Big Money Saves National Parks

Conni and Craig French own C Lazy J Ranch in northeastern Montana. Conni is concerned about the American Prairie Reserve buying up ranchland to turn it into a wildlife sanctuary.

Claire Harbage/NPR

This story was supported by the Pulitzer Center on Crisis Reporting.

A privately funded, nonprofit organization is creating a 3.2 million-acre wildlife sanctuary — American Prairie Reserve — in northeastern Montana, an area long known as cattle country.

But the reserve is facing fierce opposition from many locals because to build it, the organization is slowly purchasing ranches from willing sellers, phasing out the cows and replacing them with wild bison. Those private properties are then stitched together with vast tracts of neighboring public lands to create one giant, rewilded prairie. The organization has purchased close to 30 properties so far, but it needs at least 50 more.

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“I see them coming in with big money, buying up ranches and walking over the top of the people who are already here,” says ranch owner Conni French. “For them to be successful in their goals, we can’t be here, and that’s not OK with us.”

She isn’t alone. Driving around, you see signs everywhere that say, “Save The Cowboy, Stop The American Prairie Reserve.”

Conni is surrounded by horses as she goes about her daily chores on the cattle ranch. “I see them coming in with big money, buying up ranches and walking over the top of the people who are already here,” she says.

Claire Harbage/NPR

But the project’s efforts have garnered a lot of positive attention from those living outside northeastern Montana because, once it’s complete, it will be the largest wildlife sanctuary in the Lower 48 states — about 5,000 square miles, nearly the size of the Serengeti National Park in Tanzania.

A new kind of national park

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Sean Gerrity founded the American Prairie Reserve more than 18 years ago after he moved back home to Montana from Silicon Valley, where he ran a firm that consulted for companies such as AT&T and Apple.

Claire Harbage/NPR

Sean Gerrity, founder of American Prairie Reserve, is standing on one of the vast ranching properties his organization recently purchased. It looks like a miniature Grand Canyon — a panorama of deep, white canyons cut through by a wide, muddy river.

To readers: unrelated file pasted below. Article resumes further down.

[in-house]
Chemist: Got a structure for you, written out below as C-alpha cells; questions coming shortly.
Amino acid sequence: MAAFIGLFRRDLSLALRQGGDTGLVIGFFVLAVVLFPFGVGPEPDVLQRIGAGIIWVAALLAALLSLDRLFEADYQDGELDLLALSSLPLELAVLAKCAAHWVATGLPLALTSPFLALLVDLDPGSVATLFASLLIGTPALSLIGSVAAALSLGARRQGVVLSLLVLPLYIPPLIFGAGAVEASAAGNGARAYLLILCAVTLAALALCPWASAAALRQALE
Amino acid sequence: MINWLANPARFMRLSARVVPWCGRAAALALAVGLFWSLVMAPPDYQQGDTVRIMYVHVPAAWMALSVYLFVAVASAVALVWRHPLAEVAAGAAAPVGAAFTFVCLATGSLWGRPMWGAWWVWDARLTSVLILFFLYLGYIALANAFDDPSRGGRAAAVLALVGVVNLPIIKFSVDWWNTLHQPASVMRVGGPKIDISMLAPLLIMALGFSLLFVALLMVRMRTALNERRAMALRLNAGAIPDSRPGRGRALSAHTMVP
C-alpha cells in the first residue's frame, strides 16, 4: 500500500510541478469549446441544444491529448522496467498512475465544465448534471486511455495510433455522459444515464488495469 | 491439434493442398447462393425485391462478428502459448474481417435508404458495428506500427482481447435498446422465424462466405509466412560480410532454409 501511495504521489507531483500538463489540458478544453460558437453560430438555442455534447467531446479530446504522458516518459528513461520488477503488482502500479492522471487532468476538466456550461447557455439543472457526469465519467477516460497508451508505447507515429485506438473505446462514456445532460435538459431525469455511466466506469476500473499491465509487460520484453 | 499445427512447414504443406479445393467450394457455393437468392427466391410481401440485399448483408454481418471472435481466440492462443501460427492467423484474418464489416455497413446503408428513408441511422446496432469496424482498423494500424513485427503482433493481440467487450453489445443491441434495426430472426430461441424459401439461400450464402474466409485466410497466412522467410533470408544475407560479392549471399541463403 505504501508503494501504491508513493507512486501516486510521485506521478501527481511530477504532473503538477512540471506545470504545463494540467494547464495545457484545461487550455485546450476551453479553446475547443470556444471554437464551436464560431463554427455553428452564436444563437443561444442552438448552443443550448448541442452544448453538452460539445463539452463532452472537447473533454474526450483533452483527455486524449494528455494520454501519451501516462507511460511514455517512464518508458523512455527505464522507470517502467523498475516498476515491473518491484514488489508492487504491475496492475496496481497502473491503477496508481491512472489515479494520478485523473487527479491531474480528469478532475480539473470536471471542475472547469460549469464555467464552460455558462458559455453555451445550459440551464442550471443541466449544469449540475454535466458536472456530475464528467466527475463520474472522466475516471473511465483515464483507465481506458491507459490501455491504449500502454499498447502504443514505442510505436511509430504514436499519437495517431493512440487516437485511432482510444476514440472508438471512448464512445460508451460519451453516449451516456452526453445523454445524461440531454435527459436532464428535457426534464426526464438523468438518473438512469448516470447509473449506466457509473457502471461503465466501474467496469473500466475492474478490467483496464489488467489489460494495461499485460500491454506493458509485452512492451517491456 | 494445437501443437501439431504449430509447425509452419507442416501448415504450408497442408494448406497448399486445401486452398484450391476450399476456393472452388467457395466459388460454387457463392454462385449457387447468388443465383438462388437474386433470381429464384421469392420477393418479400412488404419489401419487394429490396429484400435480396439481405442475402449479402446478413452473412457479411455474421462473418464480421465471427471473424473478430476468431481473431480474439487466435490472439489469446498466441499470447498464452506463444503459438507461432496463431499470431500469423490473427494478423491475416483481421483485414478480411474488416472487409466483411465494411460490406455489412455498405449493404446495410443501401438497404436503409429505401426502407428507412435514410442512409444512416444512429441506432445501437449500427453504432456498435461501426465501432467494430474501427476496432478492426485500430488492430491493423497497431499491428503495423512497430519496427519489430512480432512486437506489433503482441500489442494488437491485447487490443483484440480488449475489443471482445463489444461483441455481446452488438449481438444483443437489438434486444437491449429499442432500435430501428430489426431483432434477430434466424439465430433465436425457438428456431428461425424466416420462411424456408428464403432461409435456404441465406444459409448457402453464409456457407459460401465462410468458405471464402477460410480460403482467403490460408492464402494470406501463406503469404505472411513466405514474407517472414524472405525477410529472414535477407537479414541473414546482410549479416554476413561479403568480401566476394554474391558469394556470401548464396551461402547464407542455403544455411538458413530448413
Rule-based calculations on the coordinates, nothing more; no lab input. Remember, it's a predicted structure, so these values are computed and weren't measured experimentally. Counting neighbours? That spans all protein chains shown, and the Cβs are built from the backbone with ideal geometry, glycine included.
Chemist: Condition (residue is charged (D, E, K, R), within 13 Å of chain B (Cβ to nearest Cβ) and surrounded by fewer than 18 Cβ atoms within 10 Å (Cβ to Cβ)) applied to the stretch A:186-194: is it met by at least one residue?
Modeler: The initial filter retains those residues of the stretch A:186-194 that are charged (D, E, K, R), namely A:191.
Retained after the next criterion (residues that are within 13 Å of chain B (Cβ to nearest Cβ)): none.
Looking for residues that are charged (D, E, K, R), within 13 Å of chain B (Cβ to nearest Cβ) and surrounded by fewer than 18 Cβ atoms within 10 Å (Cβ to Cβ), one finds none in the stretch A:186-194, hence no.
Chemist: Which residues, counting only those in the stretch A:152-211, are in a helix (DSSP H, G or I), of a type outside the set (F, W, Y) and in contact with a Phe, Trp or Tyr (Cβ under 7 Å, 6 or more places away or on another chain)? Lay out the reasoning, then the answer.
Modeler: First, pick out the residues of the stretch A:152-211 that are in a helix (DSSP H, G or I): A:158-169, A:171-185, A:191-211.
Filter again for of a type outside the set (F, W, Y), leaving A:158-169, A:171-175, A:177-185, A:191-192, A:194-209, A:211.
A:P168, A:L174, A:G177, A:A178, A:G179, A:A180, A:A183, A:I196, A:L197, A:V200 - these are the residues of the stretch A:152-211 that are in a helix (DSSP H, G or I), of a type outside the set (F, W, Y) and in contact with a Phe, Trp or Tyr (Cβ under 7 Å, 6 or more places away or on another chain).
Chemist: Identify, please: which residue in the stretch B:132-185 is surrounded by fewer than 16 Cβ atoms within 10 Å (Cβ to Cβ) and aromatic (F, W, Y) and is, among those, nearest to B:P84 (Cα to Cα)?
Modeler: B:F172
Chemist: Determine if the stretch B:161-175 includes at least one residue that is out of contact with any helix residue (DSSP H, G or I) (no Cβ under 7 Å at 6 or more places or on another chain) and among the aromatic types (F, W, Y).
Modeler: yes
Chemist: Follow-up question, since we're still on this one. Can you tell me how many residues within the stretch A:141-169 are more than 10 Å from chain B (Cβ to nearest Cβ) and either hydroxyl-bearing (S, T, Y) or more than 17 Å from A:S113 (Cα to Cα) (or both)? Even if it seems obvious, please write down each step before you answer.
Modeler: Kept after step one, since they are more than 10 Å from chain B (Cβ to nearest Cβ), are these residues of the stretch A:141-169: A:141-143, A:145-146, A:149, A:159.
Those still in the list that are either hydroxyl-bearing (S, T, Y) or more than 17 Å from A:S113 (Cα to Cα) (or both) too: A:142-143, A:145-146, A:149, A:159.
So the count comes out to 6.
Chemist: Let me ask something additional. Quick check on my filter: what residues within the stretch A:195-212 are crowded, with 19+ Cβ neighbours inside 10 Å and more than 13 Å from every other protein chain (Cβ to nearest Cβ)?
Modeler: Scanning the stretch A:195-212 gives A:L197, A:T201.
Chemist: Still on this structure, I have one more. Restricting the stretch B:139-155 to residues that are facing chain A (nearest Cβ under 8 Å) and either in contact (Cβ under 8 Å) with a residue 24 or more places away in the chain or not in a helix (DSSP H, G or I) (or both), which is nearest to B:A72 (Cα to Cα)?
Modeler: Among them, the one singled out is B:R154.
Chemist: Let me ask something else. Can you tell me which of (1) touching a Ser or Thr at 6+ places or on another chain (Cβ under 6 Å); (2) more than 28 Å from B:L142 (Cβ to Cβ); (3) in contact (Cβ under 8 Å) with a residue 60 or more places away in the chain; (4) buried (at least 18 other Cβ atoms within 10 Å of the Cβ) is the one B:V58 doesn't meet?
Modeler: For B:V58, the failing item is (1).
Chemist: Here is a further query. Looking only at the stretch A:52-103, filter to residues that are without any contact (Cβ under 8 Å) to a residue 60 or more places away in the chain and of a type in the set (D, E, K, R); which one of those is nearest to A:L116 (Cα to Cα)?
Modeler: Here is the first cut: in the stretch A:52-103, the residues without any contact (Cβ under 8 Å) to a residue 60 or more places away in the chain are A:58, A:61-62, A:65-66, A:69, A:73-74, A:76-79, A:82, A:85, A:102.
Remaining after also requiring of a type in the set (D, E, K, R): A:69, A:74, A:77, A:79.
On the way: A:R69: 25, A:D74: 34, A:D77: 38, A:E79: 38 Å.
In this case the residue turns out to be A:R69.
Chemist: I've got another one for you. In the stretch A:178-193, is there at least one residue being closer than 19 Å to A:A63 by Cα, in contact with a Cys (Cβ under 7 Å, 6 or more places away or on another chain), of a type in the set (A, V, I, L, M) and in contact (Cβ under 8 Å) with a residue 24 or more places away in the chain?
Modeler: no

“What you’re seeing here is the incredible beauty of the Missouri River out in front of us,” he says. “Those beautiful cliffs and the raking light coming across in the afternoon.”

The project’s goal is to rewild this swath of the Great Plains and return all the animals that lived on this landscape more than a century ago, before white settlers arrived. Wolves, grizzly bears, thousands of genetically pure, wild bison.

Gerrity points down to the valley below. “Over here would be some elk,” he says. “Over here would be bison. On the riverbanks would be a mama grizzly bear with two or three little cubs walking along the mud there.”

These are animals one would see at Yellowstone National Park, but without so many tourists. The reserve is a new kind of national park, one that’s free to the public and privately funded through both small donors and some of the wealthiest people in the world.

American Prairie was founded more than 18 years ago after Gerrity moved back home to Montana from Silicon Valley, where he ran a firm that consulted for companies such as AT&T and Apple. For him, the project promised a different kind of long-term investment.

Bison walk on American Prairie Reserve land. The organization is slowly purchasing ranches from willing sellers, phasing out the cows and replacing them with wild bison.

Claire Harbage/NPR

“To work on something — pour your heart into it — and arrange it like a giant work of art and the public would by and large appreciate and realize it would last far, far beyond my lifetime? That just seemed like a dream come true,” Gerrity says.

The reserve has since garnered multimillion-dollar donations from a German billionaire, heirs to the Mars Candy Co., and a handful of top executives in the finance industry, at least two of whom helped steer big investments in oil, gas and coal. Those industries have exacerbated climate change, leading to increased wildfires, floods and drought in the northern Great Plains.

A “Save the Cowboy” sign is posted along a fence. The “Little Rockies” on the Fort Belknap Indian Reservation are seen in the distance.

Claire Harbage/NPR

Some see hypocrisy in this kind of money, including Rob Reich, director of the Center on Philanthropy and Civil Society at Stanford University.

“The structure of global capitalism, which they had a role upholding, is partly responsible for the degradation of the environment,” Reich says.

But Gerrity says the reserve can’t afford to be that picky because almost all of his donors, big and small, are driving the climate crisis.

“The person who puts the gas in their car, or uses the coal in their house to heat, or the person who gets on a nonessential jet trip to take a vacation or go to a wedding or something like that, is the person actually creating the business and encouraging the oil companies to keep on doing what they’re doing,” Gerrity says.